ENNIO MORRICONE – A TRIBUTE
by James Southall
Prolific and prodigiously talented, few film composers could claim to have had the cultural impact of Ennio Morricone. He has written music for popes and kings; packed arenas around the world, playing for thousands of doting fans; seen his music travel to new and unexpected ground, from the sublime (Metallica using “The Ecstasy of Gold” to open their shows) to the ridiculous (drunken darts fans unknowingly singing along to a cover of an obscure track from 1969’s “Metti una sera a cena”, played whenever anything exciting happens at World Darts events); and most of all, seen his film compositions become beloved and indelible parts of movie history.
Morricone was born in Rome in 1928 and lived in the city for his whole life. His formal musical education began in 1940 at the Accademia Nazionale di Santa Cecilia where he completed his scheduled four-year course in six months; he studied the trumpet, harmony and composition and choral music. Later in the decade, he started earning a living from his music, playing trumpet in jazz bands and working as a staff arranger for pop songs for the Italian broadcaster RAI.
The roots of his career as a film composer actually began at primary school, in a roundabout way – when he met Sergio Leone to work on the first of his “dollars” westerns in the early 1960s, Morricone greeted the director by reminding him that they had in fact attended school together three decades earlier. He already had a few film scores under his belt, but undoubtedly it was the extraordinarily creative music that the composer somehow conjured up for his former classmate’s breakthrough film that set in motion the remarkable career that was to follow. The mix of Hank Marvin-style electric guitar, the choir, the heavenly voice of Edda dell’Orso, the whips and the (literal) bells and whistles – not forgetting the orchestra and sublime melodies – nobody had heard music like this before. Remarkably, he would write it at his desk, with pencil and paper – his method of composing from start to finish. Just imagine sitting at your desk one morning scribbling down the theme from “The Good, the Bad and the Ugly” with not even a piano in sight.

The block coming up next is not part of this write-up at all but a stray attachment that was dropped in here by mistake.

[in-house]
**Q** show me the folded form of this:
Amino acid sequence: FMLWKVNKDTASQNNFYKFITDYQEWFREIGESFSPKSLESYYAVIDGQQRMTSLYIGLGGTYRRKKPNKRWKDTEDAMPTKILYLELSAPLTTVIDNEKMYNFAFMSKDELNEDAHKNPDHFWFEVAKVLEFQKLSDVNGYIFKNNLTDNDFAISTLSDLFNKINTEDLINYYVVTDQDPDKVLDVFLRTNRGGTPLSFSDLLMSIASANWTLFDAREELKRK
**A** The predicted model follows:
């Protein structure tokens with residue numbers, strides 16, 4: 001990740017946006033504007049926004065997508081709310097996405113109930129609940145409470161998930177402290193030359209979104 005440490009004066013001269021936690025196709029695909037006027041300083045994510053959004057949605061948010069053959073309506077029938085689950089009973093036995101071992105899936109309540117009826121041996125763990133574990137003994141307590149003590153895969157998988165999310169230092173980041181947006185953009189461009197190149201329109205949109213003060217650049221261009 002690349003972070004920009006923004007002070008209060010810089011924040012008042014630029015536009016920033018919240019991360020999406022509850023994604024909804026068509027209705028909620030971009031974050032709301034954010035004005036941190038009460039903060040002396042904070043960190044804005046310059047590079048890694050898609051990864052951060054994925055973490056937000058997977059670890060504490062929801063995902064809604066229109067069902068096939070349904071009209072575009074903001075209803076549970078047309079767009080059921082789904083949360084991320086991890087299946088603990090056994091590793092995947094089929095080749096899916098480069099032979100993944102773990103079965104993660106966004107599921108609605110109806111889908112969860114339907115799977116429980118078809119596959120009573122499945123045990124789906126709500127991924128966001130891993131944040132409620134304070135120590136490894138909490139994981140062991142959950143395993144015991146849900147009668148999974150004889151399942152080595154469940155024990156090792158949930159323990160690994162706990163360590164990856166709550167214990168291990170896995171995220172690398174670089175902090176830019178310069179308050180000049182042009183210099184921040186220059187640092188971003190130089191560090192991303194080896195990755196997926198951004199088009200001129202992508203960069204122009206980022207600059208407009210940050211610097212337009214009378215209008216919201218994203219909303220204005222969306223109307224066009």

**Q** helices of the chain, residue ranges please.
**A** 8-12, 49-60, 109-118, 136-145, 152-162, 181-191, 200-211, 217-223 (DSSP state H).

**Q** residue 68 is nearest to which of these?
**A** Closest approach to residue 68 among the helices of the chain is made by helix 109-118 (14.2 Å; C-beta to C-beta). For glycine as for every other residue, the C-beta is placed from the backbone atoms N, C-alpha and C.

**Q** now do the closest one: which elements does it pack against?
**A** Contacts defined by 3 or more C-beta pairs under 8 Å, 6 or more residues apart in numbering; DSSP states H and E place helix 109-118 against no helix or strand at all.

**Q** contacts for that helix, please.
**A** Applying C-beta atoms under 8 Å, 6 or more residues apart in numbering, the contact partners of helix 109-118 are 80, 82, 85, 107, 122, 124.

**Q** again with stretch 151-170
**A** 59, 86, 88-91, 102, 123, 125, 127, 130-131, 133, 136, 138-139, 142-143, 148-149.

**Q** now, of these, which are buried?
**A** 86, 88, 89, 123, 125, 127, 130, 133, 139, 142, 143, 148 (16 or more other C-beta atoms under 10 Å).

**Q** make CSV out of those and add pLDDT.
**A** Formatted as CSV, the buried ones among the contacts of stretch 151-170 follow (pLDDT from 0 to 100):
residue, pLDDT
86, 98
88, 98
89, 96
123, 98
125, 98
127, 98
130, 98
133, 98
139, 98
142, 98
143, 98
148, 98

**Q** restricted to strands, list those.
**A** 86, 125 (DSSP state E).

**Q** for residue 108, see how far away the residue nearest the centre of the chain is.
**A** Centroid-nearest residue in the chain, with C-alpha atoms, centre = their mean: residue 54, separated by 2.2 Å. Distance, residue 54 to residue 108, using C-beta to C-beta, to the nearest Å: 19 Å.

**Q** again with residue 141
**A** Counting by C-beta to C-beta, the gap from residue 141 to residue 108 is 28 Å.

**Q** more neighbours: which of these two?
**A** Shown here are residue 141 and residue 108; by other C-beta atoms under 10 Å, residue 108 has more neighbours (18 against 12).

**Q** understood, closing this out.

The collaboration with Leone was remarkable. It is impossible to separate Morricone from the making of those films – far from the Hollywood norm of the composer coming in at the end and placing music onto an otherwise-complete film, Leone wanted Morricone’s music to be the very heart. Pieces were written before a single frame had been shot; played on set to inspire the actors; the film edited to fit the music, not the other way round. It culminated in some of the most operatic films the world has seen; marriage of image to music rarely so potent.
Morricone was so in-demand, he worked on every type of film, every genre – and wrote in so many styles. We are all familiar with the melodies; the composer could fire them off seemingly as quickly as anyone could ask him for them. But he had a love of the cutting edge, too – the same year he was writing his first score for Leone, he was helping to found Gruppo di Improvvisazione di Nuova Consonanza, a group of composers performing improvised avant-garde music, exploring new recording and composing techniques. And all through his career, alongside his film music he was producing what he termed “absolute music” – free to do what he wanted without the constraints of making it fit a film, this was itself frequently experimental and a far cry from those lush melodies. I recall when he devoted the whole first half of his very first London concerts (at the Barbican in 2001) to a scratchy, agitated, provocative piece featuring magnetic tape – as the audience who had come for “Cinema Paradiso” and the rest of it squirmed uncomfortably in their chairs, I suspect Morricone was absolutely loving it.